Some Iraqis Prevented From Returning Home, Others Forced to Do So
Iraqi forces are preventing displaced people returning home, a rights group alleges. Families trying to reach former homes have been accused of links to the so-called Islamic State.
Human Rights Watch said that Iraqis displaced from Anbar province, west of the capital, Baghdad, were being singled out for perceived connections to ISIS.
“While Iraqi forces confront serious security concerns, just being a family member of someone linked to ISIS or having lived under ISIS is not enough to represent a real threat,” said Sarah Leah Whitson from Human Rights Watch. “Authorities should allow those who aren’t an actual security risk who want to go home to do so in peace and respect the right of people who don’t feel safe to live where they wish.”
As well as imposing the block on some returnees, Iraqi authorities are evicting other families to try to force them back to their homes, even though some families fear their former home areas will be unsafe.
The alleged mistreatment of displaced people comes amid preparations for a fresh offensive against ISIS in western Anbar.
According to experts and a UNHCR report, Iraqi forces view most civilians who have remained in certain towns to be affiliated with ISIS.
Industrial Apprenticeships Given to Refugees in Germany
A heavyweight German industrial firm has given apprenticeships to refugees. Herrenknecht, a tunnel-boring company, named five refugees among its 56 new hires.
The refugees will be trained for occupations including mechatronics engineering, industrial, structural and machining mechanics, and industrial business administration.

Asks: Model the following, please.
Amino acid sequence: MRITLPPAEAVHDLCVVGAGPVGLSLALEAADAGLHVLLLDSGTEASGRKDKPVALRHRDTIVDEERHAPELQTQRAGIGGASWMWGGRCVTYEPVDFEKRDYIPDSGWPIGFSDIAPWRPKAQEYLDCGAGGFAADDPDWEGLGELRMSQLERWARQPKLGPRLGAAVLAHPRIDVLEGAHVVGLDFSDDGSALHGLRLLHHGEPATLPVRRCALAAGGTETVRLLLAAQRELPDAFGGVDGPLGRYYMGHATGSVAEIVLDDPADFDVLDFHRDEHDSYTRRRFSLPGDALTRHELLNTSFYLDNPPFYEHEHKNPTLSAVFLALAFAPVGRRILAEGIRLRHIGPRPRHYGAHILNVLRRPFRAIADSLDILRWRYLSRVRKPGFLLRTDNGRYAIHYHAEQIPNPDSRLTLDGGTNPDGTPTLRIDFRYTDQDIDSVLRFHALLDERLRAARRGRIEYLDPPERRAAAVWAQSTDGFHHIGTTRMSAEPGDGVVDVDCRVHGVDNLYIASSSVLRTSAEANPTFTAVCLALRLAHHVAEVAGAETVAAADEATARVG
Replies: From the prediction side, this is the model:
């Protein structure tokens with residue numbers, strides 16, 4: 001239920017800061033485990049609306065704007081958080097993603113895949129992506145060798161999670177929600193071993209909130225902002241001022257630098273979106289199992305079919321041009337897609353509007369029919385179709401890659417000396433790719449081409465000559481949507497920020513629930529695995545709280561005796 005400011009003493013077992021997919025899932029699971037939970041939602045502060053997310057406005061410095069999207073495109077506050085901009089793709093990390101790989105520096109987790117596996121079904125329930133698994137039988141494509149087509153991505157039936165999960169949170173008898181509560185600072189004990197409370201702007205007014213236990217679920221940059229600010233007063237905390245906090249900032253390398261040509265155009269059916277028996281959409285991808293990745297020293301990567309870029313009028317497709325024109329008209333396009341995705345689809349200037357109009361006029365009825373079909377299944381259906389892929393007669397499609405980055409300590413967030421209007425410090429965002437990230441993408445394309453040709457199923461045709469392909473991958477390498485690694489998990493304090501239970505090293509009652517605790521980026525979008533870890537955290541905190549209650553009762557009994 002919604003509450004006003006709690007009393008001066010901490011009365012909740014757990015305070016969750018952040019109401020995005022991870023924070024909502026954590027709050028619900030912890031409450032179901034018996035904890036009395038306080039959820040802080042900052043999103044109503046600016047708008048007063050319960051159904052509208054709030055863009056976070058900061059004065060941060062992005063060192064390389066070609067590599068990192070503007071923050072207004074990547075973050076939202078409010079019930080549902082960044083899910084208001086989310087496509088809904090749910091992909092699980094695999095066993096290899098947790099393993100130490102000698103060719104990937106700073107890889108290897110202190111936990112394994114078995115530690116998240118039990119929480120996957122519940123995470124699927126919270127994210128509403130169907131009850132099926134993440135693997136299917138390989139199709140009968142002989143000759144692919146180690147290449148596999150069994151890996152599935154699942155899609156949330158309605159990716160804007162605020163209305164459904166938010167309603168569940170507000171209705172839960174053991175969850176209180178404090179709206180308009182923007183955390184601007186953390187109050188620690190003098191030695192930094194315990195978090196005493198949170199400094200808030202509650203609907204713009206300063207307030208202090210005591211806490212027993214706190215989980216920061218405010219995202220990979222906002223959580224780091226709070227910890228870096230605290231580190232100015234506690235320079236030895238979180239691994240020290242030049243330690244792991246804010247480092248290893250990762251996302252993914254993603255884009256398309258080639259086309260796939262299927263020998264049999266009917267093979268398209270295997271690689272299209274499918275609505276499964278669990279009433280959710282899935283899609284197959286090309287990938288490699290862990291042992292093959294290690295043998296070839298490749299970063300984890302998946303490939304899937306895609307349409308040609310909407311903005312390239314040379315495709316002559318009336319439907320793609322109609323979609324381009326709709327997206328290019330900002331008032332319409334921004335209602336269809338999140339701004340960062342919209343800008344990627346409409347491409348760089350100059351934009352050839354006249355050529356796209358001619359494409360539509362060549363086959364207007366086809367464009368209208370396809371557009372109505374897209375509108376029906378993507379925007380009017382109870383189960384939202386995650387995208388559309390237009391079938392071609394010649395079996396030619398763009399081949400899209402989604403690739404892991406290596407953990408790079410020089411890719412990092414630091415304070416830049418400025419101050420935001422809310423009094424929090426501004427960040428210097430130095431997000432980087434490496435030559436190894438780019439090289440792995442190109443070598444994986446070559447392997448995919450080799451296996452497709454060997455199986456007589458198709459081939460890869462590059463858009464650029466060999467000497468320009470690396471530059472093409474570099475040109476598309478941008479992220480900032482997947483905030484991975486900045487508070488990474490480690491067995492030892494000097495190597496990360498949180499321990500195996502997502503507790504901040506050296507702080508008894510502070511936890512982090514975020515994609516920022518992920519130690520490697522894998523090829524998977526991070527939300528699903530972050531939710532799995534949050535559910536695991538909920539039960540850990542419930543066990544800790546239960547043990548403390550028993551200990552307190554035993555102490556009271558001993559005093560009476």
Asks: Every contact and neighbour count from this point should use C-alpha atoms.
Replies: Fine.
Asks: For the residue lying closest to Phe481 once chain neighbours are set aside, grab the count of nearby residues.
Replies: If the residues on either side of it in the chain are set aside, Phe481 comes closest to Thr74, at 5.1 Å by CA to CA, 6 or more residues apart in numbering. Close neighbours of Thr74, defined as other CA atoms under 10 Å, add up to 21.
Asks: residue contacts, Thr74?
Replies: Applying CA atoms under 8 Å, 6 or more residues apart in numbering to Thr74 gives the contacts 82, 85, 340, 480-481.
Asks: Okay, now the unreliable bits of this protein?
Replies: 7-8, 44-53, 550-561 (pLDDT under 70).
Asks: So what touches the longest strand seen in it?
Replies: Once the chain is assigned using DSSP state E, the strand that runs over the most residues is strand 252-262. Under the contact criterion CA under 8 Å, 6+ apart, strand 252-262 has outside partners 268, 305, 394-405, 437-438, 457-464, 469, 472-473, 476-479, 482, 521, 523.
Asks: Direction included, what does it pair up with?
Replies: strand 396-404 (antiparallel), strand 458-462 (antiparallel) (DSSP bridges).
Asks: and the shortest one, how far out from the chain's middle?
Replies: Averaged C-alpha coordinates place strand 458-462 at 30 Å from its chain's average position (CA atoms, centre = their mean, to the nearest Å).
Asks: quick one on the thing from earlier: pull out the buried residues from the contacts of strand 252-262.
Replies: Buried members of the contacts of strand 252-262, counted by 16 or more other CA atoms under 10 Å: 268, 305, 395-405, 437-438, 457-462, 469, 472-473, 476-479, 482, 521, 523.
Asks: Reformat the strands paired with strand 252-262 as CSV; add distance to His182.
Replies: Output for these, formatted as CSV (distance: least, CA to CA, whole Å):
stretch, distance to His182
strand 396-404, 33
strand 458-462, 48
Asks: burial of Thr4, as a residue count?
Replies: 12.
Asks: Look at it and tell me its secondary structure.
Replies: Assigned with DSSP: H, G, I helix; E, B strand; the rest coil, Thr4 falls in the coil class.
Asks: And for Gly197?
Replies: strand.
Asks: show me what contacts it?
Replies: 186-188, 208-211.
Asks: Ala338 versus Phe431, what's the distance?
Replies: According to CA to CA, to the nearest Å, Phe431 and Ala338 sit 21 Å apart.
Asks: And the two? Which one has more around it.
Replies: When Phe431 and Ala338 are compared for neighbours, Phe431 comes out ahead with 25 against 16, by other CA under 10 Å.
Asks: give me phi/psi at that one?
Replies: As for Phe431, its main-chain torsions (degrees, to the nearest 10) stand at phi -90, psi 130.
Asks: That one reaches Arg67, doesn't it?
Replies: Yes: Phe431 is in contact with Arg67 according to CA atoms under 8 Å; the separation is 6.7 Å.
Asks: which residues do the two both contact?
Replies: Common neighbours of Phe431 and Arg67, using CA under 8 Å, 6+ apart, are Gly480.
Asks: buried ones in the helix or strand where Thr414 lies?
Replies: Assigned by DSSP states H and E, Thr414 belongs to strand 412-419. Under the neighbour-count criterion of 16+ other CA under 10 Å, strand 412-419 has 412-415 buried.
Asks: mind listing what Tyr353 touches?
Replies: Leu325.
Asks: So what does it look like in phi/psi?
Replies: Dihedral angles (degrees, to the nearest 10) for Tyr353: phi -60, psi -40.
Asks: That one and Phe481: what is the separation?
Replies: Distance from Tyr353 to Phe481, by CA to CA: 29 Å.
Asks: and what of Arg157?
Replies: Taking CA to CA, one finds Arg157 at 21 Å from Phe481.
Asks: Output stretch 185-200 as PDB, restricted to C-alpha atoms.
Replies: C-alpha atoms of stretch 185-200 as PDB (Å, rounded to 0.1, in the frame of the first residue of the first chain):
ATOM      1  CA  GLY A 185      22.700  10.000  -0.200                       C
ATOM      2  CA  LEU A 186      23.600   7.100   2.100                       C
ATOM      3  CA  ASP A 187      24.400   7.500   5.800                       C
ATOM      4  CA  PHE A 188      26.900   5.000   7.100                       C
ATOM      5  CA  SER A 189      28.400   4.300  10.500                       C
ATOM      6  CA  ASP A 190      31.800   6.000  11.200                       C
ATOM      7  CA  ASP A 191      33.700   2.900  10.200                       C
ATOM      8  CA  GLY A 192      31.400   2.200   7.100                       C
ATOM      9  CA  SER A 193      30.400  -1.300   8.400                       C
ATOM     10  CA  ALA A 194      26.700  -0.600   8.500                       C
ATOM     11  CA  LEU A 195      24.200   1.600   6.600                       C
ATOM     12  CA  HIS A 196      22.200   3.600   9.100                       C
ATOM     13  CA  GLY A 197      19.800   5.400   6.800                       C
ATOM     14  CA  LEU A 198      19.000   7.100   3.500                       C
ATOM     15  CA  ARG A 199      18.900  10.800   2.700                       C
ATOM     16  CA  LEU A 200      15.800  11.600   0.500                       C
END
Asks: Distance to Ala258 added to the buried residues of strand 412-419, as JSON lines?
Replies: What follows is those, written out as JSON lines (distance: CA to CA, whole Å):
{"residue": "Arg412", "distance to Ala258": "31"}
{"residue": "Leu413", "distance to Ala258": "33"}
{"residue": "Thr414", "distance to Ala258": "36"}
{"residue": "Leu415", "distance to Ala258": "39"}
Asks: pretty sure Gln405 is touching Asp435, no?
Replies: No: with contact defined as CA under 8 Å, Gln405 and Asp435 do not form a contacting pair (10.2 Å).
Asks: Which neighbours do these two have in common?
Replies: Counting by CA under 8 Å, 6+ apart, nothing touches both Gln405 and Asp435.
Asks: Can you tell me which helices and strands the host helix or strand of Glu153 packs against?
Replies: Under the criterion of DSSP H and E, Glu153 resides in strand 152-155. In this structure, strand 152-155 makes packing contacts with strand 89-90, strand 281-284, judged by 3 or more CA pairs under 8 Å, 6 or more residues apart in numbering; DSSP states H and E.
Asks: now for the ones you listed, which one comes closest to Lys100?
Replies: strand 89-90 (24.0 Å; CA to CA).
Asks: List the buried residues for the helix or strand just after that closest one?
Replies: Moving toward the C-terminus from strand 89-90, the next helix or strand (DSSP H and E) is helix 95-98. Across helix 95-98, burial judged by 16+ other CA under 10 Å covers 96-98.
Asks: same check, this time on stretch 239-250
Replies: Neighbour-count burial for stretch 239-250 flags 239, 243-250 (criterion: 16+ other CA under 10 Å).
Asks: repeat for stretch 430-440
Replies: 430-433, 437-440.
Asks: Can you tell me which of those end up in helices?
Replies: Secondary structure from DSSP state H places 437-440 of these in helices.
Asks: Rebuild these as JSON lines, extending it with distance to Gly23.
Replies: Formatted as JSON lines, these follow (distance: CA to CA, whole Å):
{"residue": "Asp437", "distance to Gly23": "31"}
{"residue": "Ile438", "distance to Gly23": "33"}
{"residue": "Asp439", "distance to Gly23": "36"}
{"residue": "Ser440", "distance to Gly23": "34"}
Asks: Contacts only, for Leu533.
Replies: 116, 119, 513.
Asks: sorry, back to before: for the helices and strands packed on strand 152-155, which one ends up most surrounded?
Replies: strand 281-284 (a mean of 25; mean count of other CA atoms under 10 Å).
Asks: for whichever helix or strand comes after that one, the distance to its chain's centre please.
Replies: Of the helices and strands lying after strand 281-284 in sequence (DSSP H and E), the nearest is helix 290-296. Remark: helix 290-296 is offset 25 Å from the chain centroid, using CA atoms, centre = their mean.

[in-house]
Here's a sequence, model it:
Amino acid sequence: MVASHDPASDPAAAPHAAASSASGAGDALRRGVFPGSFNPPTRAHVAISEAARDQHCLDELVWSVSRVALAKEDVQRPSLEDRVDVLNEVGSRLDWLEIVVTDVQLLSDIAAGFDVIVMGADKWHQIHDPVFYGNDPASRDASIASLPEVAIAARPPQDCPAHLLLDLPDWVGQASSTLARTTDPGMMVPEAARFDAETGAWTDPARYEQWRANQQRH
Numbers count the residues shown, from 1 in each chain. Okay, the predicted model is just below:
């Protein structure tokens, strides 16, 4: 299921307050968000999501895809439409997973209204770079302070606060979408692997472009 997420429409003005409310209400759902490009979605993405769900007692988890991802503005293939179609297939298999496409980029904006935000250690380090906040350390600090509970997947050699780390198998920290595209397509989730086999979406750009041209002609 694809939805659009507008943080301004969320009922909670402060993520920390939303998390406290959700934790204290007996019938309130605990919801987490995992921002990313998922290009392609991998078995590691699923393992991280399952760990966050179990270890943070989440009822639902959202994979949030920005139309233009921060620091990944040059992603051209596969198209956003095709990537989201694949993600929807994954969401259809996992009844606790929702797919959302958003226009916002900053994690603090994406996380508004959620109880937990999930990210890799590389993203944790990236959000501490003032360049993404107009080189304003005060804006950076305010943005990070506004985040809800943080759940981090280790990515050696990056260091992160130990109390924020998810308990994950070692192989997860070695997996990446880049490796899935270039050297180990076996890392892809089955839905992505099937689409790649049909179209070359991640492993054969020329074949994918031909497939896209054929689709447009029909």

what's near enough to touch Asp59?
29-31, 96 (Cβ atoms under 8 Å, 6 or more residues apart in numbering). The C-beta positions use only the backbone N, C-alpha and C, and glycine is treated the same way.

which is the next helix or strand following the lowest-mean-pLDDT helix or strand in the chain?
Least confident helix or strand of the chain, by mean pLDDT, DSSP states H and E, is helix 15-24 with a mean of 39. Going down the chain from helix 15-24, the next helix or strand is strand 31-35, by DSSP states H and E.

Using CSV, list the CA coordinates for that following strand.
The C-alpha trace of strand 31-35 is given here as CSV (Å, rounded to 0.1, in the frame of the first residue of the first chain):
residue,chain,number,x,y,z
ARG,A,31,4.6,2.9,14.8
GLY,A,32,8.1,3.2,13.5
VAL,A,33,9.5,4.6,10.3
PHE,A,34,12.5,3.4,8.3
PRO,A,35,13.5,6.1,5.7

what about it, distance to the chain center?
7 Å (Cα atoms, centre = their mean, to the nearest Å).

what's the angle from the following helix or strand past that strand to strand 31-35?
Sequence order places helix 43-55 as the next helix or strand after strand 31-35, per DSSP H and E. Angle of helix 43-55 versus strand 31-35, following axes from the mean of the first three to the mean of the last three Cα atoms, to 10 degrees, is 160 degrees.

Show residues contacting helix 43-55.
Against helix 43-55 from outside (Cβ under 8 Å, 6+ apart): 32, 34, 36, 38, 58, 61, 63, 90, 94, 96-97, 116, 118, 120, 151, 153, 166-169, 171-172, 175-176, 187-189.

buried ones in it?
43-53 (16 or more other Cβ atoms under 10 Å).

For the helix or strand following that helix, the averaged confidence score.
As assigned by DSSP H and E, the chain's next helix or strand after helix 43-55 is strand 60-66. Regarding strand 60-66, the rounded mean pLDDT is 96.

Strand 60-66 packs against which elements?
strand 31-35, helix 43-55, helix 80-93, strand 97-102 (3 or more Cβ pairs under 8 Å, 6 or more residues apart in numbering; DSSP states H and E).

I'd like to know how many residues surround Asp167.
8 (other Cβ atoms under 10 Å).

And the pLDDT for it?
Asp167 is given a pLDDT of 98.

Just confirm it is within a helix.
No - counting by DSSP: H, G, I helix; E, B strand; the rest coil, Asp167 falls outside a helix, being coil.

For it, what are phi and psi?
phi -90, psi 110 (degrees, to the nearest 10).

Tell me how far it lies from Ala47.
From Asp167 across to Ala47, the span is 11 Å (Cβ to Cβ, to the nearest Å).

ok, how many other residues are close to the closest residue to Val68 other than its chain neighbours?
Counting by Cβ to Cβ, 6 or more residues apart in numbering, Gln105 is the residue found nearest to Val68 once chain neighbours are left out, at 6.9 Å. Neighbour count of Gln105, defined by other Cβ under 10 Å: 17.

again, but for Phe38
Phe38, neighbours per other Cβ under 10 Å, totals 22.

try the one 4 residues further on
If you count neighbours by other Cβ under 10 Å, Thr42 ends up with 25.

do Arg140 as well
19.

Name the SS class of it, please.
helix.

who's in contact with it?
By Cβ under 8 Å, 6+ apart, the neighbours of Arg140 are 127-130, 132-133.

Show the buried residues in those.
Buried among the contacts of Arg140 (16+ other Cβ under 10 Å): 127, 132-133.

“Training is both a challenge and an opportunity for integration at the same time,” said a spokesperson from the company. “At the express wish of the board of management, the young refugees came to Schwanau via the municipal employment program, the government employment agency, refugee aid and social workers at the vocational school in Lahr.”
The five apprentices are from Syria, Gambia and Guinea and arrived in Germany about two years ago, the firm said, and all speak some German.
“In their homelands the young men often only had incomplete schooling and kept their heads above water with odd jobs,” the spokesperson added.
Suu Kyi Visits State at Center of Refugee Crisis in Mynamar
Myanmar’s leader has made her first visit to the region at the center of a refugee crisis. Aung San Suu Kyi toured areas in which villages of the Rohingya minority have been destroyed.
Formerly feted as a living symbol of human rights, Suu Kyi has refused to denounce human rights abuses by the Myanmar military against Ronhingya. Some 600,000 of the Muslim minority group have fled across the border into Bangladesh since August.
Suu Kyi’s decades under house arrest by the military junta saw her win the Nobel Peace Prize. But she has been criticized for doing too little to combat the anti-Rohingya campaign that the U.N. has referred to as ethnic cleansing.
Her exact movements were not released due to security concerns but her presence in Rakhine was confirmed: “The state counselor just arrived but she is heading to Maungdaw, northern Rakhine, with the state officials,” said a deputy director of the Rakhine government, using Suu Kyi’s official title.
Suu Kyi’s defenders say that as civilian leader she has no authority over the military. Observers in Myanmar say that the Buddhist majority is supportive of a crackdown on the Rohingya, who are more frequently referred to in state media as Bengalis – a term meant to denote their foreign status in the country.
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- The Atlantic: I Used to Run the Immigration Service – and Trump’s Refugee Policy Is Baseless